Vinicius Cantuária

Vinicius Canta Antonio Carlos Jobim

by John Garratt

13 July 2015

What happens when one Brazilian music giant tackles another? Smooth sailing, that's what.
 
cover art

Vinicius Cantuária

Vinicius Canta Antonio Carlos Jobim

(Sunnyside)
US: 26 May 2015
UK: 26 May 2015

Brazilian vocalist and guitarist Vinicius Cantuária has had an active recording career for more than 30 years and he is just now releasing his Jobim covers album. If you think about it for just a little bit, you’ll realize that you can’t blame Cantuária for taking this long to warm up to the idea. Antônio Carlos Jobim was a musical figure who transcended the idea of a “national treasure” for Brazil. Not only did he write the songs “Desafinado” and “The Girl from Ipanema”, but he continued to work on music until he died. The quantity and quality of his work looms large over the bossa nova style, so spending on an entire album trying to do Jobim’s songs justice may feel like an artistic kiss of death. In the not-so-curious case of Vinicius Canta Antonio Carlos Jobim, a self-explanatory album title if there ever was one, that concern goes nowhere. Vinicius Cantuária sings and plays thirteen of Tom Jobim’s songs as if it were the most natural thing in the world.

If Cantuária were to just sit down with a guitar and vocal mic, this album would still be good. But if you’ve crossed paths with other musicians through your career like Bill Frisell, Ryuichi Sakomoto, Melody Gardot, and Joyce, then why not call on them for help? So he does, and the support they provide is damn respectful. Vinicius Canta Antonio Carlos Jobim doesn’t come across sounding like some star-studded mess lacking focus, this is Vinicius Cantuária’s show—with Jobim’s content. Sure, a guy like Bill Frisell can’t really hide too discreetly in the a mix like this. All the guy needs to do it play too notes on his guitar and you know it’s him. Still, he knows his place on “Só danço samba” and “Inútil paisagem”. After all, he’s spent a whole career letting songs speak for themselves. And if you’re wondering “what the hell is Ryuichi Sakamoto doing here?” (as I did, at first) you can apply a similar answer. He’s here to play some bossa nova piano, nothing more.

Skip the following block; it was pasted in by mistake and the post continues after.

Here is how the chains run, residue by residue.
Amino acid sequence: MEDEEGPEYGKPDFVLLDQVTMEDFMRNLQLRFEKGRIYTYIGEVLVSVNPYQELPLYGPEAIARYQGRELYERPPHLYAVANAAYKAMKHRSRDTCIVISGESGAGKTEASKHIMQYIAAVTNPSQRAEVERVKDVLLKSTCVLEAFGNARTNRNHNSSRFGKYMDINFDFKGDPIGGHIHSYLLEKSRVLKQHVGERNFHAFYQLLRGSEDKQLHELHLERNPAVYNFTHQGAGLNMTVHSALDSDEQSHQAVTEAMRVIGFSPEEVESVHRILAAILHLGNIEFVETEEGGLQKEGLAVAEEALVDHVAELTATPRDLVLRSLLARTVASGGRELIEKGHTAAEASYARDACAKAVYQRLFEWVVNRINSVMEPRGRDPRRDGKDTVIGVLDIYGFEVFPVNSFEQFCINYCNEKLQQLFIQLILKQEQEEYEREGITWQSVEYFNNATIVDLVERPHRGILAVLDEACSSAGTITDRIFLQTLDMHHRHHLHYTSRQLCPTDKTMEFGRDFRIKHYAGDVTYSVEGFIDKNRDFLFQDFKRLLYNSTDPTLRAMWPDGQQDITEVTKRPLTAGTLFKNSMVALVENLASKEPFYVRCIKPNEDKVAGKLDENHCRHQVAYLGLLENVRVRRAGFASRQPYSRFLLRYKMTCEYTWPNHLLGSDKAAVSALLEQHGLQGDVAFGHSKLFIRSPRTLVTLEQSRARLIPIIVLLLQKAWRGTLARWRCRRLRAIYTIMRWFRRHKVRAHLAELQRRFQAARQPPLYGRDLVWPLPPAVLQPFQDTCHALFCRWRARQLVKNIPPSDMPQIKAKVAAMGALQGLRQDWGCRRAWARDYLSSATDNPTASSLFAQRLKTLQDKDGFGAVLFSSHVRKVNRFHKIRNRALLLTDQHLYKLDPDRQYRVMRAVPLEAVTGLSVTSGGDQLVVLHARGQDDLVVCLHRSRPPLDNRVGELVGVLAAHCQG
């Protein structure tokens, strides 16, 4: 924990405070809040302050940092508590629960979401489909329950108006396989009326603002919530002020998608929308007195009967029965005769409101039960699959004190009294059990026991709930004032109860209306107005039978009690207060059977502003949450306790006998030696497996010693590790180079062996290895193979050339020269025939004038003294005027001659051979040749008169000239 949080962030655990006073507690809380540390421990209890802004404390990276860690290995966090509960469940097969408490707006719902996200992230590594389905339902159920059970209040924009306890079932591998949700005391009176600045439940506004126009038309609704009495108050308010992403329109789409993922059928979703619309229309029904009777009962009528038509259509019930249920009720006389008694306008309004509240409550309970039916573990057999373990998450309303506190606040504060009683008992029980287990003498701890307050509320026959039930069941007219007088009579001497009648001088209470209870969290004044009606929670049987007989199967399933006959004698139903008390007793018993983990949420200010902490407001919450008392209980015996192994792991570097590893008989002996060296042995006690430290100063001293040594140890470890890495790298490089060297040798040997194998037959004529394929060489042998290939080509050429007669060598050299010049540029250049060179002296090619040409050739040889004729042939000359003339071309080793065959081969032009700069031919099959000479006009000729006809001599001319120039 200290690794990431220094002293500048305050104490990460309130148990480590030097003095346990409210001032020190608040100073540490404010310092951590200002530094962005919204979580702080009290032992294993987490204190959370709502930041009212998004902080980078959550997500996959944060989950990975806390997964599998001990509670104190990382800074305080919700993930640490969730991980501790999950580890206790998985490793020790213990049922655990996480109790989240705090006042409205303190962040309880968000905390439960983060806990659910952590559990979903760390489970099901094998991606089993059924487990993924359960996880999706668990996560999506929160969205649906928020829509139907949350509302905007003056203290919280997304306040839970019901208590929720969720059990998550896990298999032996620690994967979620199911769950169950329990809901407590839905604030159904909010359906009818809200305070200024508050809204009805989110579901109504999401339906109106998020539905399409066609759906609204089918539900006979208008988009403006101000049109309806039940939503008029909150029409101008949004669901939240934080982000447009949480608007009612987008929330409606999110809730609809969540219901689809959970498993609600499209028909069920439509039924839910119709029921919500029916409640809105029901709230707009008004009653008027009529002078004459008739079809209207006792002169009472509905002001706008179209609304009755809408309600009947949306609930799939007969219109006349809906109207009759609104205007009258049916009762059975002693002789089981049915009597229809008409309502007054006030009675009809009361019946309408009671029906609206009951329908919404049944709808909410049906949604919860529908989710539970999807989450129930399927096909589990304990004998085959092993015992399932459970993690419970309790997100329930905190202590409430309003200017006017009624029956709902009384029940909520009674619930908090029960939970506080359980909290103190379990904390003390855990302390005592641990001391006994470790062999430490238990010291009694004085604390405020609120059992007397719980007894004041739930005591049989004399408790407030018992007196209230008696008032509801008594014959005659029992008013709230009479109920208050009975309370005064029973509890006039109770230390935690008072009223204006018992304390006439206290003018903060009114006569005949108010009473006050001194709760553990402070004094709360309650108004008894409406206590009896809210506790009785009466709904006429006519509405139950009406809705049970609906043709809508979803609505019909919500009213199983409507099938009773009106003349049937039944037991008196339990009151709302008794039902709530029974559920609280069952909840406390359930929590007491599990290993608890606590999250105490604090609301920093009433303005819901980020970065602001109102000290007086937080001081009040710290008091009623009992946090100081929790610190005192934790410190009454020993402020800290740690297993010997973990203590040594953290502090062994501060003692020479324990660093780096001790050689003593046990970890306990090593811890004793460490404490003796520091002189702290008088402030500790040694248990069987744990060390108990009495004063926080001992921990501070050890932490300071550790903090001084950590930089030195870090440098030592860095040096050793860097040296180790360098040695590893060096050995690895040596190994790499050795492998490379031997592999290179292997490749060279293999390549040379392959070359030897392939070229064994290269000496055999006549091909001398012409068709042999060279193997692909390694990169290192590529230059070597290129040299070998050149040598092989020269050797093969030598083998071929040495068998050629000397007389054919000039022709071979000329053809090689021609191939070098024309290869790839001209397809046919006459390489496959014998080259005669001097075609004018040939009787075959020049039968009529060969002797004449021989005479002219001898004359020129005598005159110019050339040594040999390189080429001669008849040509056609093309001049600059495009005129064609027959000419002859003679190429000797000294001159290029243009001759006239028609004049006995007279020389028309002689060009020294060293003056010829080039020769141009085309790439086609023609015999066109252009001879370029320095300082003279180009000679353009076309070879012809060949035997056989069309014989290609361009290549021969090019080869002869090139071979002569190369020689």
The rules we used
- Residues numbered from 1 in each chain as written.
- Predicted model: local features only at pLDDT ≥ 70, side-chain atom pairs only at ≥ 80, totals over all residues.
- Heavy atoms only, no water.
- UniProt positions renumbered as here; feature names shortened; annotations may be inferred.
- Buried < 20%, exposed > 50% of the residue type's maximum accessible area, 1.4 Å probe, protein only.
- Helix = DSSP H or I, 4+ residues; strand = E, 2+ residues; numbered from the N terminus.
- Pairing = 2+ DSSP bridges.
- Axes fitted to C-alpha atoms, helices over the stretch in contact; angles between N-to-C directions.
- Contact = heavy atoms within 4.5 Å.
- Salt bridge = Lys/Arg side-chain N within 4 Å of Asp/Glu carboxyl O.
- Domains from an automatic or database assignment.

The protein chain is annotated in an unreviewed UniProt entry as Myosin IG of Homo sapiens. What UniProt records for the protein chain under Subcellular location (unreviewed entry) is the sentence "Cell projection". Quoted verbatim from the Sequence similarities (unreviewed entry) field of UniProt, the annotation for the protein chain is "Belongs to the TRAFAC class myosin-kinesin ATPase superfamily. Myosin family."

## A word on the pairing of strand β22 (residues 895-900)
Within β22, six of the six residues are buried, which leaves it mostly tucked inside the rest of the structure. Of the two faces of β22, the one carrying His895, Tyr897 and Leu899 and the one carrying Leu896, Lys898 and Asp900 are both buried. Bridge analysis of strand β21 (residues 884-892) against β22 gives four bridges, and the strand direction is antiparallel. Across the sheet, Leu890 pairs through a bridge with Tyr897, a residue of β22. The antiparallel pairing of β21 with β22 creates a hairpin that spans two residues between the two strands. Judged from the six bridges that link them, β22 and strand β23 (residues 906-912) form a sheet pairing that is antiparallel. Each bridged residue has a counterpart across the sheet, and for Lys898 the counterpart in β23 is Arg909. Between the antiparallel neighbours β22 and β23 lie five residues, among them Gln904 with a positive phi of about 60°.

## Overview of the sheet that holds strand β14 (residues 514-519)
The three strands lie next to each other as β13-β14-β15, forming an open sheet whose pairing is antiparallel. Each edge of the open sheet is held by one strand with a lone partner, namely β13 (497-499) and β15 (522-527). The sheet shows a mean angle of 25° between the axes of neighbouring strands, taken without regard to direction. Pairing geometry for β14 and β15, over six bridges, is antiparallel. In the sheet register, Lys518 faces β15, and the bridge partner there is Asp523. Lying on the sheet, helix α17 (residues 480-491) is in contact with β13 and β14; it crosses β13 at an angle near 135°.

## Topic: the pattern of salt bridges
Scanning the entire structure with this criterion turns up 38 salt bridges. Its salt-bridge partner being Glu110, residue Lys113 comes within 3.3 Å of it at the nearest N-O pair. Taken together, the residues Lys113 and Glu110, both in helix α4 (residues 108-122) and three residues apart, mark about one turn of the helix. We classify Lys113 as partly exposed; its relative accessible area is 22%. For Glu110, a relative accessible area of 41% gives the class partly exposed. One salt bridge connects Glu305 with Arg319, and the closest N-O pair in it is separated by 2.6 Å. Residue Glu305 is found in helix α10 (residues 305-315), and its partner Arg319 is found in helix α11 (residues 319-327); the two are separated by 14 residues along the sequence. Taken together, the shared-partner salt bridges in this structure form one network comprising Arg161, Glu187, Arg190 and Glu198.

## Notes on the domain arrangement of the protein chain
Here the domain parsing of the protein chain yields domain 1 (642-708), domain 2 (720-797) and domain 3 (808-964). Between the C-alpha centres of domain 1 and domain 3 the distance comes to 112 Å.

Even Cantuária himself stays humble in the bright light of the music. “The Girl form Ipanema”, titled here in its native language as “Garota de Ipanema”, blends into the rest of the album without a flinch. While other artists are probably tempted to make their cover of this song a really big deal, Cantuária do no such thing. It’s just a really smooth bossa nova number, like the other twelve. The singer even seems cognizant that he might wear out his welcome (which he won’t) and wraps up the album just before the 39 minute mark. Somehow, listening to Vinicius Canta Antonio Carlos Jobim straight through feels even shorter than that.

It’s a bit like being on vacation. As you find yourself locking into a groove, it’s time to go. Where does that time go? Maybe that’s what Cantuária was asking himself when he decided to take on this project. Time flies when you’re having fun, and not many musical genres are as both fun and smooth as bossa nova.

Vinicius Canta Antonio Carlos Jobim

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